Paleoprog notwithstanding, I am generally polite and respectful, and really enjoy a good faith exchange of ideas (I only match snark with snark - not that that's a good defense). I don't foresee us stooping to those levels.

As for #3, what I mean is this:

ISCI is the main proponent of a plan to create a Shiite dominated "Super Region" in Southern Iraq - modeled on the autonomy enjoyed by Kurdistan. This is also a policy wish of the Tehran regime - which should not be surprising considering ISCI was formed in Iran by the Iranian regime and members still receive pensions from the IRGC (our strongest allies and Iran's too!).

Sadr, and most Shiites, oppose this plan. They see it as having the effect of weakening the central government and aiding the break-up of the Iraqi state.

The Bush administration's stated position is to promote a unified Iraq, and oppose fragmentation/partition. The ISCI plan is at odds with that goal, and Sadr is working toward that goal. Yet that doesn't seem to matter much at the end of the day.

Government needs a monopoly of force in any stable state, and competing militias will only lead to failed countries like Somalia.

LT Nixon,

I agree with this statement with the important modification that a stable state needs a monopoly on legitimate force, not just force per se.

The problem that is evident to me from reading about this crisis (and with due humility in deference to those who are actually in the middle of it) is that the legitmacy of the Iraqi state is a Humpty Dumpty which has fallen off the wall and is now in pieces all over the place and the Sadrists seem to have gotten a hold of some of the pieces needed to put the eggshell back together again.

Short of wiping them out together with the very large population of poor Shi'ites with whom they enjoy legitimacy, what are we to do about this? Isn't this really the crux of the matter - that a sufficiently large number of Iraqi's see the Sadrist movement as a legimate expression of their grievances and needs (more so than the govt) to render the use of force against them counterproductive, regardless of whether said force is monopolistic or not?

“So it is the policy of the United States to seek and support the growth of democratic movements and institutions in every nation and culture, with the ultimate goal of ending tyranny in our world.”

I don’t believe that this is the reason for our involvement in Iraq; he couldn't have been that naïve. I hope.

I believe that Iraq has something to do with oil. But as the Middle East needs Western money as much as we need their oil, it is unlikely that OPEC would voluntarily end oil production. If OPEC ended production for any length of time, it could be declared an act of war and we could just go in and take their oil. A protracted ground presence does not make strategic sense if the goal is to protect oil supplies.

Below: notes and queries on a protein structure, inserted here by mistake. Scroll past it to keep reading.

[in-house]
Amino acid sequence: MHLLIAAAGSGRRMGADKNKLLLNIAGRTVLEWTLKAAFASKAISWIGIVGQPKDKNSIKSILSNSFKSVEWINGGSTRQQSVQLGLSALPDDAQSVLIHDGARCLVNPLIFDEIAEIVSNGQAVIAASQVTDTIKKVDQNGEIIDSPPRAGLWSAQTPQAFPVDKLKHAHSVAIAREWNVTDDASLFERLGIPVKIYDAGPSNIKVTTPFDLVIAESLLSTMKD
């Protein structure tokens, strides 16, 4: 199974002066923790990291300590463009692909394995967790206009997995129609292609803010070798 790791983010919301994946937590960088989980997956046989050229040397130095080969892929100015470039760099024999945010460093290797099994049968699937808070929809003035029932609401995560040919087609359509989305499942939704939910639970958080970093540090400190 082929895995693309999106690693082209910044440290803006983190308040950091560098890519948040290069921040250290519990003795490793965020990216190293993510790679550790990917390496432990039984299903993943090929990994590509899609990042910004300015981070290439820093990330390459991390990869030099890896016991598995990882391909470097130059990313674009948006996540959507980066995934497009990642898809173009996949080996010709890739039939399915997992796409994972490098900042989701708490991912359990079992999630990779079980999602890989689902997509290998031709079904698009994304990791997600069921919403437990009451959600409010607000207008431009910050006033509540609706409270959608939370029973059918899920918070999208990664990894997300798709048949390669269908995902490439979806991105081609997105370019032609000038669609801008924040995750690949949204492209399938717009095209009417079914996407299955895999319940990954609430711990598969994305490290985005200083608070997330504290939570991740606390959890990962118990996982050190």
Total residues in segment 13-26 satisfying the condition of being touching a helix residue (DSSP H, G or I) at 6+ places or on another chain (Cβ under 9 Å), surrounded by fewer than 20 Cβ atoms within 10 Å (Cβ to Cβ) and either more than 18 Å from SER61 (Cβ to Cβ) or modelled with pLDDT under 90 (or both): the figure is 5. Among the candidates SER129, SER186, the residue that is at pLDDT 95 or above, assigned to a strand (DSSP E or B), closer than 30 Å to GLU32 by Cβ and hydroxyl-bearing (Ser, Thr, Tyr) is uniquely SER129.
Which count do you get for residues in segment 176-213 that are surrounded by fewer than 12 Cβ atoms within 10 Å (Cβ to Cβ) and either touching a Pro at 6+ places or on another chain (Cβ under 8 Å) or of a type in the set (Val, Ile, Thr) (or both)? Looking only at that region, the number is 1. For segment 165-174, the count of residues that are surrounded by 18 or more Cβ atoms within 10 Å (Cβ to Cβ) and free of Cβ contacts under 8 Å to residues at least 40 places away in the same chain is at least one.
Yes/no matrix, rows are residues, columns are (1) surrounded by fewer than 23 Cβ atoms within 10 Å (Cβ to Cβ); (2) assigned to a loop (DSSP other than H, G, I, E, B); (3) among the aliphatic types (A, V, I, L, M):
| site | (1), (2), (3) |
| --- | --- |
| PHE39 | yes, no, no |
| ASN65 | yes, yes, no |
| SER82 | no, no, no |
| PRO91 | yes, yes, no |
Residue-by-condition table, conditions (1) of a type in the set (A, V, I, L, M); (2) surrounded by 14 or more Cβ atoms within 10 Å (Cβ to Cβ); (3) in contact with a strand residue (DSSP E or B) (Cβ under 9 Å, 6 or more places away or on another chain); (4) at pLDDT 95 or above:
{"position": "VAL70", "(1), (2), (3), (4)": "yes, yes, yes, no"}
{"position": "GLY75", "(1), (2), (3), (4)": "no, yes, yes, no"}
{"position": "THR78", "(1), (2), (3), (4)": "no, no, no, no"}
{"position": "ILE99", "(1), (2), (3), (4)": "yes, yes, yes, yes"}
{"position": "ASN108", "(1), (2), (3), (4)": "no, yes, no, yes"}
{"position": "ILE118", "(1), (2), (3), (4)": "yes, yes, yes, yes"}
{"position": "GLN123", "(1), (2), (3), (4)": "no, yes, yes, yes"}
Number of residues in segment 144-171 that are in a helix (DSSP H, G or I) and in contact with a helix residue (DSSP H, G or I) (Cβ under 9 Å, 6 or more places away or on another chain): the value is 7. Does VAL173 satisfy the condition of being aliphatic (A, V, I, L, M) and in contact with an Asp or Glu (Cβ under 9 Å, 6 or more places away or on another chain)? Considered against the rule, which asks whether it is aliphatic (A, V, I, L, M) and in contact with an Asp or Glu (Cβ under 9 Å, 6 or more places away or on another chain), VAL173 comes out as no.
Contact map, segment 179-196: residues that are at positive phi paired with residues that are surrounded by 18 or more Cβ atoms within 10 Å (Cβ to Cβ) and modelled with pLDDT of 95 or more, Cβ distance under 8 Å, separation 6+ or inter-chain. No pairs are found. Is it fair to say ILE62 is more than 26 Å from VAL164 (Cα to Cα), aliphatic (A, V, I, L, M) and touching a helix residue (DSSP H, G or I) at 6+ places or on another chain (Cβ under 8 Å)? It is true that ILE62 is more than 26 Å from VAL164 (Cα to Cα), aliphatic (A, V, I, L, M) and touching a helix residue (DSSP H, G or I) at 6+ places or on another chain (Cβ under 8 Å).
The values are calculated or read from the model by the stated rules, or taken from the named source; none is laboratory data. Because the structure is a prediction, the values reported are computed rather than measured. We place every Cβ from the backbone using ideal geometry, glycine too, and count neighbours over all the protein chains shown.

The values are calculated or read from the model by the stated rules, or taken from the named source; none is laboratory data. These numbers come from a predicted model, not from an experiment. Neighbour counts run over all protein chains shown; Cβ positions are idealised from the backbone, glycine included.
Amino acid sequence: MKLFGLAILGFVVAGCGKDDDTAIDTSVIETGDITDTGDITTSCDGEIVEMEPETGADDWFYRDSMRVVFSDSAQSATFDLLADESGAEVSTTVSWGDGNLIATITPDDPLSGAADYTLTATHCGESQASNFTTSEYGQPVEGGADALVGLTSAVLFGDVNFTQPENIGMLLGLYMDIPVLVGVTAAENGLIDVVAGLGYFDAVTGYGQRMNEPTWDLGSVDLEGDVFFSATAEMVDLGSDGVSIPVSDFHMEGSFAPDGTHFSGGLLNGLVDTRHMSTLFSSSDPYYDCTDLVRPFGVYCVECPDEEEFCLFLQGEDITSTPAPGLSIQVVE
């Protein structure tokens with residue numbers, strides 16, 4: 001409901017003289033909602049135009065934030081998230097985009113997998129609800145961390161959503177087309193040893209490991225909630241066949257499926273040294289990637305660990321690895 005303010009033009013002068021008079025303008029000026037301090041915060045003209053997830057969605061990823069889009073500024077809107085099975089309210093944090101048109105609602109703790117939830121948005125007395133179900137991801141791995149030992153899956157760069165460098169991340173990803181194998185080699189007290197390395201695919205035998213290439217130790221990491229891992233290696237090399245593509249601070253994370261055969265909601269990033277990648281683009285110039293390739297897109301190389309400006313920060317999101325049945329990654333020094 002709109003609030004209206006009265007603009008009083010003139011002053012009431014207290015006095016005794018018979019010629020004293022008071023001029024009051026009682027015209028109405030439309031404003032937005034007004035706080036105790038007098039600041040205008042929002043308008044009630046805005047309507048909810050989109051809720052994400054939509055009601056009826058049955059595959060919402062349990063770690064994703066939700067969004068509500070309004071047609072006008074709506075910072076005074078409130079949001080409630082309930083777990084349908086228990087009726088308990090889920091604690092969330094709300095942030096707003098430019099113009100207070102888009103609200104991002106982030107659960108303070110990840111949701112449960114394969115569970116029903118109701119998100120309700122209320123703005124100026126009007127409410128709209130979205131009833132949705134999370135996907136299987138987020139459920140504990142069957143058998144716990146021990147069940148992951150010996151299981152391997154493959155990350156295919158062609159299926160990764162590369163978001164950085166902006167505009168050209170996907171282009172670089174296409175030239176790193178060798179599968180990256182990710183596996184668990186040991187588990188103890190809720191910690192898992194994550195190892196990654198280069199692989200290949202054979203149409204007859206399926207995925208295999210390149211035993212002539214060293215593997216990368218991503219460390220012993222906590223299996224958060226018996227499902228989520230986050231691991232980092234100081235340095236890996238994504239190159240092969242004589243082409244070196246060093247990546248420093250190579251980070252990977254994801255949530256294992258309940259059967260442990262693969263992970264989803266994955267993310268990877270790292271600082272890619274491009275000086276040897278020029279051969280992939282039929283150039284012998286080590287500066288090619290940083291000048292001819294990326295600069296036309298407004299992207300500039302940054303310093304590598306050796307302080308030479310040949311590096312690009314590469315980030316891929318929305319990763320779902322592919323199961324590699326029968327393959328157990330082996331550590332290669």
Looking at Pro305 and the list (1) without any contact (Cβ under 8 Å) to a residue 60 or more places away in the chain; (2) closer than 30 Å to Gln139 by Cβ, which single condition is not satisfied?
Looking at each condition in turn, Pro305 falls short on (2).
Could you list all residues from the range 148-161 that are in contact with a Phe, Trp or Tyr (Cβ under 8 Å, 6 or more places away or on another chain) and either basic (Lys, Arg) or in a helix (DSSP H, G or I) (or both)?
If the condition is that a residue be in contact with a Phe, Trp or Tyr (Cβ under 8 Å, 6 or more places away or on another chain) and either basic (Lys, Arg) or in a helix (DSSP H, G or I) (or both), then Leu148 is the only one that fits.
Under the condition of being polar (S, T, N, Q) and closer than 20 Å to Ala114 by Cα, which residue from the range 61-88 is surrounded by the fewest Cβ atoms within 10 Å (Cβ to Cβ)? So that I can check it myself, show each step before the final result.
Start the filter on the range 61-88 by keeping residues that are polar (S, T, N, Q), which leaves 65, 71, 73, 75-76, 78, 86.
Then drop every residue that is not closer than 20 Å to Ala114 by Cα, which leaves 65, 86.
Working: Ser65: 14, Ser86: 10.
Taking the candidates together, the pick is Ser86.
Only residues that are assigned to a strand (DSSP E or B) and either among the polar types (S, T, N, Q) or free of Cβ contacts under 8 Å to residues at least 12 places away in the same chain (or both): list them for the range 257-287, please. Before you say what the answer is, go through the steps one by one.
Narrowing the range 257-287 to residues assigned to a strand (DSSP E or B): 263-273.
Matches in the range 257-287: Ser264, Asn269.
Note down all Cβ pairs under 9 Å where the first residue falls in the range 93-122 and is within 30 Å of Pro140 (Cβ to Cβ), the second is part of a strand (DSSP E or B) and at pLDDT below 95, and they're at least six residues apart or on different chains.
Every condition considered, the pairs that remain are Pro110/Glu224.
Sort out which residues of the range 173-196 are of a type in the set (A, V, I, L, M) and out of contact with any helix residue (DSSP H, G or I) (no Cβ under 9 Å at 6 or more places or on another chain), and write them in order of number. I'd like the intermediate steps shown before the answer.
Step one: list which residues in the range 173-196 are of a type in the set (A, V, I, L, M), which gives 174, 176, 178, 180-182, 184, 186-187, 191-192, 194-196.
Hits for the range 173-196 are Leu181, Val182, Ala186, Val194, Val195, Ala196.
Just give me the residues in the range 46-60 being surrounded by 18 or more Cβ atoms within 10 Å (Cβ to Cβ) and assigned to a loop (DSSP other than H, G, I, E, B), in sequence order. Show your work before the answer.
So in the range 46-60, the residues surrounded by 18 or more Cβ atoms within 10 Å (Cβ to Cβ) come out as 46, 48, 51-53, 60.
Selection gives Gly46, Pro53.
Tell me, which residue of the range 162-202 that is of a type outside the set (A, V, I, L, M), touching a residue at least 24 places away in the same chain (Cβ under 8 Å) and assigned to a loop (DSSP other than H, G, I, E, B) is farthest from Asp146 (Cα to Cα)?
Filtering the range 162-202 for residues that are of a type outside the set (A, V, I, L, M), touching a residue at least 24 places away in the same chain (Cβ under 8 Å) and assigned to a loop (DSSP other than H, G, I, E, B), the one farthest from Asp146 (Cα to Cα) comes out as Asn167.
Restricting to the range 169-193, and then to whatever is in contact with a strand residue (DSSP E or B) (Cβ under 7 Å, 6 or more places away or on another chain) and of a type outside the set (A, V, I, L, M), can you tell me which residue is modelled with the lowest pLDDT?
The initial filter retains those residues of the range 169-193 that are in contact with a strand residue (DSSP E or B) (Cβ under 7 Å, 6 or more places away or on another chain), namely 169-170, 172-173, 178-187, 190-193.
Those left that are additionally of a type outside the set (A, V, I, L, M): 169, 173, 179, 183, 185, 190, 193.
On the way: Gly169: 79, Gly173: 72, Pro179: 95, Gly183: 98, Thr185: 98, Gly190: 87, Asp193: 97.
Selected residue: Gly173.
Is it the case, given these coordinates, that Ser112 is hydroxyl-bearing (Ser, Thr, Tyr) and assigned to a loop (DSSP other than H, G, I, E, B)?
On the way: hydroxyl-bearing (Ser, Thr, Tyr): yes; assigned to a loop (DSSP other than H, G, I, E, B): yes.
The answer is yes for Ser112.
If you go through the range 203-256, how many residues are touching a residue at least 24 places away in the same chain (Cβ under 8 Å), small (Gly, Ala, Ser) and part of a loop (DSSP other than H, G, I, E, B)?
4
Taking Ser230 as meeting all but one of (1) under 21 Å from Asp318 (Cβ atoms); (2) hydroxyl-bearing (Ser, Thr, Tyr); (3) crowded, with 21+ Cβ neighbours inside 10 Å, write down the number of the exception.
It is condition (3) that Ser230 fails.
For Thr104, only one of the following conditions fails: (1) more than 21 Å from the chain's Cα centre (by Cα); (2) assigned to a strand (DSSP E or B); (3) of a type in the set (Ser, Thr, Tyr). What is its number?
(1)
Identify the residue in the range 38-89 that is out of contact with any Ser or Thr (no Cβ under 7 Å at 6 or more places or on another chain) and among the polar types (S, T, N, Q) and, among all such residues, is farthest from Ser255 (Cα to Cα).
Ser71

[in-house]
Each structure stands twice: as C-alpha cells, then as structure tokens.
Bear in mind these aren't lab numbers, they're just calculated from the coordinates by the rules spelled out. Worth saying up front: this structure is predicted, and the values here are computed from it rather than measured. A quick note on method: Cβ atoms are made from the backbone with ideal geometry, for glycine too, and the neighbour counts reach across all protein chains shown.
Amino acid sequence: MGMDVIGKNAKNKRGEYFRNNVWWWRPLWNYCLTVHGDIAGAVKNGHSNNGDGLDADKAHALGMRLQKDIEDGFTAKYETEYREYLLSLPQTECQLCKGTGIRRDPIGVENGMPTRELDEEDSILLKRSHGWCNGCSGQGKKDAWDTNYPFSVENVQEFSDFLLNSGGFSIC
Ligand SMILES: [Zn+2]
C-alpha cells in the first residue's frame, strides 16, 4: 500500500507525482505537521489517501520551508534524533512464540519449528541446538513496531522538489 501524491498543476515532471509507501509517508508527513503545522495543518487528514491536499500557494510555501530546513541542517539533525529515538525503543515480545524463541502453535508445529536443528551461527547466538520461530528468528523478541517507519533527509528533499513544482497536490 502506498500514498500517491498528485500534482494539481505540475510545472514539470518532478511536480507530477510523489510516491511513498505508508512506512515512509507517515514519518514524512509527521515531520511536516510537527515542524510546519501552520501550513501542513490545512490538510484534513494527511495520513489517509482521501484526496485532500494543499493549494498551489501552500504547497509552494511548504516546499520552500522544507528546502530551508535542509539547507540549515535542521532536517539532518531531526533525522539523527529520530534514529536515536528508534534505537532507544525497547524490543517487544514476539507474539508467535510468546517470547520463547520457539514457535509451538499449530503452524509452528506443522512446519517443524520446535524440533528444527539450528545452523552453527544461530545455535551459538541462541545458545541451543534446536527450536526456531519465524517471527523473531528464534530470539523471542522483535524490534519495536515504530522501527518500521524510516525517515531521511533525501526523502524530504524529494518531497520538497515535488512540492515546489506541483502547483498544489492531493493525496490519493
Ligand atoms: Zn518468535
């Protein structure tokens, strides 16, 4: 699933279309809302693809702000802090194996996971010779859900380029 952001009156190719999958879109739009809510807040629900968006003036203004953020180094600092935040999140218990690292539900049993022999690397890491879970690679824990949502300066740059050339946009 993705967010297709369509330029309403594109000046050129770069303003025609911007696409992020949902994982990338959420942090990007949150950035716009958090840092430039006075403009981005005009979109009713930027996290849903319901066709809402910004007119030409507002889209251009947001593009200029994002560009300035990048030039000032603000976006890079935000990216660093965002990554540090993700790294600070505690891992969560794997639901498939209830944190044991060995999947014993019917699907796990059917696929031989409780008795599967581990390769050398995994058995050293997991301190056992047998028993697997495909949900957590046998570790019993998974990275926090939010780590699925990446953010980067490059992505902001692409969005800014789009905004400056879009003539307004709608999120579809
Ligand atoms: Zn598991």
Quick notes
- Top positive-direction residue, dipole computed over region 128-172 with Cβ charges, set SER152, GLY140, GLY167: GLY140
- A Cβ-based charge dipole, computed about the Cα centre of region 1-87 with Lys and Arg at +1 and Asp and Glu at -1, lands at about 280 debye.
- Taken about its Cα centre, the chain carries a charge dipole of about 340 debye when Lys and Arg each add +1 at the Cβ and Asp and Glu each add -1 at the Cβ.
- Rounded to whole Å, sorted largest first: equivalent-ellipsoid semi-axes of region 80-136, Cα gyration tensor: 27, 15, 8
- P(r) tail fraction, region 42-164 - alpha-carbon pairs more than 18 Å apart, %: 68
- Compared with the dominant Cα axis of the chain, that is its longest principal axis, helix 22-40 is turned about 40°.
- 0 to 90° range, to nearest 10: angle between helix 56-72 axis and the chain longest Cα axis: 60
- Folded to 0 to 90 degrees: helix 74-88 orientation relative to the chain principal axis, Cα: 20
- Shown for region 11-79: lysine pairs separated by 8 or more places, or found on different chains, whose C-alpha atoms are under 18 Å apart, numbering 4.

Paul Chefurka has come up with a speculative hypothesis that Saudi Arabia has passed peak oil and that some Iraqi oil is being diverted to Saudi Arabia to prevent market panic. He presents it here:

http://www.paulchefurka.ca/Iraq%20and%20Saudi%20Arabia.html

Five years ago I would have thought he was crazy. He’s pretty convincing to me now. His interest is peak oil and the consequences. It is a very good web site.

Wasn't it a good thing when so many of the thugs and gangsters that were ruining Basra got put out of power? I'd say that the Iraqi government is way more legitimate than the Mahdi Army.

And gosh, DaveC, your opinion of legitimacy counts for so much more than that of the people to whom we claim to want to give the right of self determination.

Now if only we could get them to cooperate.

This is, after all, the reason why neither Bush Sr. nor Clinton would topple Hussein. Their intel people kept telling them that the country would split along religious lines and fragment if given a chance.

Bill, I have to say, that link was actually...informative and interesting and not crazy. I mean, I don't think it is correct because it requires a level of skill and organization far beyond what we've seen Bush/Cheney demonstrate, but the theory was far more reasonable than I expected.

Thanks for providing a unique and interesting perspective.

Wasn't it a good thing when so many of the thugs and gangsters that were ruining Basra got put out of power?

Why do you think the Iraqi government forces differ significantly from thugs and gangsters?

I'd say that the Iraqi government is way more legitimate than the Mahdi Army.

How can the current Iraqi government be legitimate when it is so closely tied to Iran? I mean, elements of the Iraqi government are literally drawing pensions from a foreign government. That behavior seems incompatible with nationalism, which is usually bound up pretty tightly with people's notions of legitimacy.

Eric - It seems to me that your argument is affirming the consequent:

- If our true motivations were X, then we'd neglect to go after other brutal groups.
- We're neglecting to go after other brutal groups.
- Therefore, our true motivations are X.

I won't try to argue whether SCIRI is evil, or whether Dawa should be lumped in with them. But I'd suggest that our motivations have something to do with siding with the "legitimate" government, and with our estimation that we can exert some control over the government outside of bombing them.

If Sadr had decided to achieve his goals through the government, we would likely have held back on him. We held back on him before. And we disagree with the current government on a host of things but still support them. There are no "good" players in this situation. There are no strong alliances. It's a shallow, pitted energy landscape.